French star Marion Cotillard is one of the most talented actors working in the world right now, known for her performances in films like La Vie en Rose as well as popular sci-fi projects like Inception. Due to her increasing engagement with English-language projects, Cotillard has become a global icon which has introduced people to her foreign works including her fantastic collaboration with the Dardenne brothers.
While talking about her journey as well as her childhood which contributed to her identity, Cotillard said: “I’ve always felt an outcast. There is something strange about me. I don’t ever feel at ease in a group of people. I have to fight hard to overcome my fears…I couldn’t identify with anyone. At school I was considered very strange. I didn’t understand the relationships between people.”
She also revealed that she felt an intense inclination towards the performing arts from a very early age, using it as a form of escapism to deal with life: “I used to pretend I was Louise Brooks or Greta Garbo in my bedroom. I absorbed a lot from my father. He taught us how to mime at home with games. I saw it as a way to escape myself. But it was through acting that I met myself.”
Cotillard’s latest project is a musical directed by French auteur Leos Carax called Annette where she stars alongside Adam Driver. The film is an exploration of the couple’s life as well as the human condition, evaluating how bringing a child into this world can be a monumental act that has personal and philosophical implications.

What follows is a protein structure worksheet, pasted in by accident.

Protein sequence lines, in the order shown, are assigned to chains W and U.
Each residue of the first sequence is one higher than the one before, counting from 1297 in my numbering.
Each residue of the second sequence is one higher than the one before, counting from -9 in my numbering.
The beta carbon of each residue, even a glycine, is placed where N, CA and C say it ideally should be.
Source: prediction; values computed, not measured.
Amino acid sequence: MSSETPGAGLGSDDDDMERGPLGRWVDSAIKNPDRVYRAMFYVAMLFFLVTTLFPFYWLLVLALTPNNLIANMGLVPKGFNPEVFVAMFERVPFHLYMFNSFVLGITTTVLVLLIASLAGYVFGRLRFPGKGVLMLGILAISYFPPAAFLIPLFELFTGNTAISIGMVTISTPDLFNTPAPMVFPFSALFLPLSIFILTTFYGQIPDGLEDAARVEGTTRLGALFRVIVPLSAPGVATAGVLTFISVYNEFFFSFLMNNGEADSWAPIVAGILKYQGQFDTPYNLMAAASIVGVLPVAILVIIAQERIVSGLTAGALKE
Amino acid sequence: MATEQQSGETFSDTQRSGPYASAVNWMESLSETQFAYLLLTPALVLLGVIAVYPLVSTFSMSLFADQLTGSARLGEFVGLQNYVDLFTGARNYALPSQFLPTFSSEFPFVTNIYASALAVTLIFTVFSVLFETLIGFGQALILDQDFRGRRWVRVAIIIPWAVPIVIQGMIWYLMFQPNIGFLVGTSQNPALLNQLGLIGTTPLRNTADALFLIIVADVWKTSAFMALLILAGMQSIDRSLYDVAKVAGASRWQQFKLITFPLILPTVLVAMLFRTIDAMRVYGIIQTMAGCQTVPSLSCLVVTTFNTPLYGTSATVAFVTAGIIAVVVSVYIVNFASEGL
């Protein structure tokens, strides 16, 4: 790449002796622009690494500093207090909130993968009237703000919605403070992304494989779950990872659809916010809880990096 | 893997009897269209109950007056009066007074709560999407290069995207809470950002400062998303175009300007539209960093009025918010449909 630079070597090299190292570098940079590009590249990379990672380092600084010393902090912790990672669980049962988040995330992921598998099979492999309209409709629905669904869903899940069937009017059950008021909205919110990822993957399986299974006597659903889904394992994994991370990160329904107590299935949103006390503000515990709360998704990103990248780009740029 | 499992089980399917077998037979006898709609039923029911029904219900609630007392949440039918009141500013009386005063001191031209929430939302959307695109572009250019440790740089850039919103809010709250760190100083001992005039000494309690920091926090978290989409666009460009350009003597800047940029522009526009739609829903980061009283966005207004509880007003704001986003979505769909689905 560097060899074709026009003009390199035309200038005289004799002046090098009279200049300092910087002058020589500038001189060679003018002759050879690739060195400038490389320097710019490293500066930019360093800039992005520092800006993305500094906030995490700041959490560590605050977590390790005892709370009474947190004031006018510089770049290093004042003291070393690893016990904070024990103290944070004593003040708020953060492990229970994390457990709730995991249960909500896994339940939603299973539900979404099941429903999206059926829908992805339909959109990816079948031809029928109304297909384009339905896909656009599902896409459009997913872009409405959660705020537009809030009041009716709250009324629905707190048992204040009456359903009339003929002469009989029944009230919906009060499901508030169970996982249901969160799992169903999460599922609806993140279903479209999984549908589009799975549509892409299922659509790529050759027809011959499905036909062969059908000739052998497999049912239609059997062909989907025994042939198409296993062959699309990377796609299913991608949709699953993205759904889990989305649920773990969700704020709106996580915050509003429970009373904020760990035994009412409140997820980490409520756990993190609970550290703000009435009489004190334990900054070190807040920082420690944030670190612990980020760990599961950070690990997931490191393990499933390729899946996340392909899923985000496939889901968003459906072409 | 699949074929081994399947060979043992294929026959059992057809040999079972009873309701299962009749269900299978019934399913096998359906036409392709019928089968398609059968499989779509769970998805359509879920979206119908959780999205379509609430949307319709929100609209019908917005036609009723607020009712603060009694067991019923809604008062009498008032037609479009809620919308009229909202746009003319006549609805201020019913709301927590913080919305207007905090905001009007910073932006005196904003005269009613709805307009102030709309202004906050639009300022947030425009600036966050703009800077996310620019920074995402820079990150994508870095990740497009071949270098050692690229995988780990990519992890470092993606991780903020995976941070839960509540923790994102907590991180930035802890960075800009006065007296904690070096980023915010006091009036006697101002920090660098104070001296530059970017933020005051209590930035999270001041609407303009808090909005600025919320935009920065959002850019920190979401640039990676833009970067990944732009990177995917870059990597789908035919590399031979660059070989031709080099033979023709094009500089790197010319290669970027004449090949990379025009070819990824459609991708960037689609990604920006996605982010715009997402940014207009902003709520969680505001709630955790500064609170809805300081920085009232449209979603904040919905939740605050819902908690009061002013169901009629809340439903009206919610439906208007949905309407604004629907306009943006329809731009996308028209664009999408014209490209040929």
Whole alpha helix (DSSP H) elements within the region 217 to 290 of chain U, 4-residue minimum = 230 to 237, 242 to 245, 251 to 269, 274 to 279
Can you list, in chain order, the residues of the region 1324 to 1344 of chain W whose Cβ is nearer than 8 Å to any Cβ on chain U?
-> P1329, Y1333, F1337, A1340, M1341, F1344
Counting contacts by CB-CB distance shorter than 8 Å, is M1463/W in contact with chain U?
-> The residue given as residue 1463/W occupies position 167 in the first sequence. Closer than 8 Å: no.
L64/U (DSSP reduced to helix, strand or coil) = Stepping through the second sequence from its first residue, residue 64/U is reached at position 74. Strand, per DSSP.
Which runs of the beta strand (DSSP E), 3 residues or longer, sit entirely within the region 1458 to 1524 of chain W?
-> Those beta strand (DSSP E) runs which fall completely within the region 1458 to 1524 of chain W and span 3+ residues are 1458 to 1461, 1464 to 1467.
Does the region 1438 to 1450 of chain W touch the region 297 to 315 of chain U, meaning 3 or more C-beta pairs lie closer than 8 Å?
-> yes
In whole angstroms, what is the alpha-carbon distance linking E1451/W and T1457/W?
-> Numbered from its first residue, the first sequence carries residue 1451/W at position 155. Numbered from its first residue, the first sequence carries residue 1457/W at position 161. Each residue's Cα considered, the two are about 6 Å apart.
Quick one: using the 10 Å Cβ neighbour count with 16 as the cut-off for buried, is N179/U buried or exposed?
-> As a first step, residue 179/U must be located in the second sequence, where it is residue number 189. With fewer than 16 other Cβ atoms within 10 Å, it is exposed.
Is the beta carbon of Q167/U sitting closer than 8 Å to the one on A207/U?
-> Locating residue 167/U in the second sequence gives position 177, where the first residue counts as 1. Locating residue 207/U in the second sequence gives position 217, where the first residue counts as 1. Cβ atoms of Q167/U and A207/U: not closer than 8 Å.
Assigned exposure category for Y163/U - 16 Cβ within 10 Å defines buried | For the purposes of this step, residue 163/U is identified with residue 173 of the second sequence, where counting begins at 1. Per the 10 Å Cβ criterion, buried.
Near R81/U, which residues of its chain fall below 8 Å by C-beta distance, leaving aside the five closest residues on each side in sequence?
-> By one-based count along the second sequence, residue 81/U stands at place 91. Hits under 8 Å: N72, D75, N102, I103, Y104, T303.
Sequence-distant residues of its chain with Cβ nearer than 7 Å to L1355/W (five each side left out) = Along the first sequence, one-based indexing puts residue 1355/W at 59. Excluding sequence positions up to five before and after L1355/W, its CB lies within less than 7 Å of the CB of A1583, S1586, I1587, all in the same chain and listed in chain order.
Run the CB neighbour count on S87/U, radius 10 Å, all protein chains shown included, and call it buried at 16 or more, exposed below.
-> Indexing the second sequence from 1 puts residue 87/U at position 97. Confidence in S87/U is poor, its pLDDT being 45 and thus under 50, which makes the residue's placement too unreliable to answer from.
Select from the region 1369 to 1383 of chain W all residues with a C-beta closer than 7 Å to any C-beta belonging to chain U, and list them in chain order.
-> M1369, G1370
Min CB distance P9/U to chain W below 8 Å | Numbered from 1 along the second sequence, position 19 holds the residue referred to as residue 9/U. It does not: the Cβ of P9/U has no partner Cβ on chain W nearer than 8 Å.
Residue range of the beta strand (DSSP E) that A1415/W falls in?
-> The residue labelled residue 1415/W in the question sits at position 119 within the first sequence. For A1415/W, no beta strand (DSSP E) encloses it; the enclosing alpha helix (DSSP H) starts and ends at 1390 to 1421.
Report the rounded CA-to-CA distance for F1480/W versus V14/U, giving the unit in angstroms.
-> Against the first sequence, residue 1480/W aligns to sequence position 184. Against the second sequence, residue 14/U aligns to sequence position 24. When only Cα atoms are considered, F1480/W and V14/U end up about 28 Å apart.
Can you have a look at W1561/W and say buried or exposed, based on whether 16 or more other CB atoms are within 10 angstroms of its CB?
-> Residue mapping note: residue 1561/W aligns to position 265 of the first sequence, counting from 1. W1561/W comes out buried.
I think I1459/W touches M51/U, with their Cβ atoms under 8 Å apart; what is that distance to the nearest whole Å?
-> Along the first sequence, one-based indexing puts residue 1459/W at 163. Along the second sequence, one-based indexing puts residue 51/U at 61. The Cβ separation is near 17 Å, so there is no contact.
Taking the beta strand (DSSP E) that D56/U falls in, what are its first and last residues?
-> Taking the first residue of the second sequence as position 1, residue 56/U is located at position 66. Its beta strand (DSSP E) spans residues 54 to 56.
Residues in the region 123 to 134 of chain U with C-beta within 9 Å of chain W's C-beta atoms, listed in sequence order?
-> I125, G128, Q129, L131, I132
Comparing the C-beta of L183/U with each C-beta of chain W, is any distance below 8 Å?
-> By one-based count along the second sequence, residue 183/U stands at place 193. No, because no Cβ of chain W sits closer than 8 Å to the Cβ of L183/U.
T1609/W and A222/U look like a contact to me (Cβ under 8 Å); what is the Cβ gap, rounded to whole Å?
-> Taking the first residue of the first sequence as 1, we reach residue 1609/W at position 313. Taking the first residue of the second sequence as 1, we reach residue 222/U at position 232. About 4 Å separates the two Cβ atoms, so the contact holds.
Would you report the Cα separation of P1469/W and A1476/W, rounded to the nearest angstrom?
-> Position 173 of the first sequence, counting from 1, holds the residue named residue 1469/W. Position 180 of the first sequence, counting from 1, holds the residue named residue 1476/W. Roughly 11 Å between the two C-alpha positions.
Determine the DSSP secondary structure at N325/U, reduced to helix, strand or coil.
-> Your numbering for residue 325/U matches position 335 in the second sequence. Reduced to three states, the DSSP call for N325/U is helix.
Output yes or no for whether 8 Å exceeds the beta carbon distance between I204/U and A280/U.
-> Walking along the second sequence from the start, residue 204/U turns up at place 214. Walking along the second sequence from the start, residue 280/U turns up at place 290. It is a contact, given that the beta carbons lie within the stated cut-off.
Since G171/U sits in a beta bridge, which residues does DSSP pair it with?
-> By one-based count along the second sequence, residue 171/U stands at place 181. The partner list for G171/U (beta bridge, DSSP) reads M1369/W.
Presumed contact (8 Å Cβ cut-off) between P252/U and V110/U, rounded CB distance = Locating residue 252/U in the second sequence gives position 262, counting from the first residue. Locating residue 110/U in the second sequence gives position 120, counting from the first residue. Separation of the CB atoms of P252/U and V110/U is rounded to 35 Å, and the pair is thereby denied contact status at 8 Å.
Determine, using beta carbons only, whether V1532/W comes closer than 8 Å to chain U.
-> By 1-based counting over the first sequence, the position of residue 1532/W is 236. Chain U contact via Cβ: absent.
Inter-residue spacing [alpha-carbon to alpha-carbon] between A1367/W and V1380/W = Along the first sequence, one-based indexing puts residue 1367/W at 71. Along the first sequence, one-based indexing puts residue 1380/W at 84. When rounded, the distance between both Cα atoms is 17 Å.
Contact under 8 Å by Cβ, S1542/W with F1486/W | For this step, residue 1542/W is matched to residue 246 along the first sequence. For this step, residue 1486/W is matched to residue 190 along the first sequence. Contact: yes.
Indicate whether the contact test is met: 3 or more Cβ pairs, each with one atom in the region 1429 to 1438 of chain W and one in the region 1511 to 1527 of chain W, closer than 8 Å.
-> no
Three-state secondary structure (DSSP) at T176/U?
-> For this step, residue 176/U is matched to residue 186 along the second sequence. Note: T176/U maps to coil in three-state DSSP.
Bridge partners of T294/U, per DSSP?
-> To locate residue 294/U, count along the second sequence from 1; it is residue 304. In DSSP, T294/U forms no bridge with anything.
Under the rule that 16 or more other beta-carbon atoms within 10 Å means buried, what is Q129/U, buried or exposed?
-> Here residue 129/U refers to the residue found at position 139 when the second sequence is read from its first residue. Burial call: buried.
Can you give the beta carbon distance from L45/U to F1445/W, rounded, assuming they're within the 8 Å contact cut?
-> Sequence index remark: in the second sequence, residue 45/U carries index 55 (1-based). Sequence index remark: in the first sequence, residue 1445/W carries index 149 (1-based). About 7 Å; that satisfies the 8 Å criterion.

While praising Carax and his enormously impressive body of work, Cotillard gushed: “First of all, Leos Carax is one of the greatest directors. I never expected I would work with him one day because he’s a very rare director; he’s directed six movies in 40 years. So, the fact that it was his project was already amazing to me.”
Adding, “I love musicals. I read the script, and the story really got me. The themes that are explored in this movie, and especially the theme of this need of recognition for an artist; this need that, if it’s fulfilled, affects you. And if it’s not, the frustration that it brings, and how it affects the people around you. I thought it was very interesting because it resonates with my own life and my own need [for] recognition as an artist.”
Take a look at a list containing Marion Cotillard’s favourite films of all time below which includes the works of great artists like Charlie Chalpin.
Marion Cotillard’s favourite films:
- All of Charlie Chaplin’s films
- Singin’ in the Rain (Gene Kelly, Stanley Donen – 1952)
- Sophie’s Choice (Alan J. Pakula – 1982)
- The Lives of Others (Florian Henckel von Donnersmarck – 2006)
When asked about a single production that she considers to be her favourite film, Cotillard hesitated and declared that it was an impossible task. Instead, she picked a whole array of films from different eras: “I can’t pick one. I love all the Charlie Chaplin movies. I love Singin’ in the Rain. I love Sophie’s Choice. Meryl Streep is great. The Lives of Others is a masterpiece.”
Recently, the San Sebastian Film Festival announced that Marion Cotillard was the recipient of the festival’s lifetime achievement award. She won the prize for her numerous contributions to the world of cinema over the course of her illustrious career, during which she worked with stellar filmmakers ranging from Steven Soderbergh to the Dardenne brothers.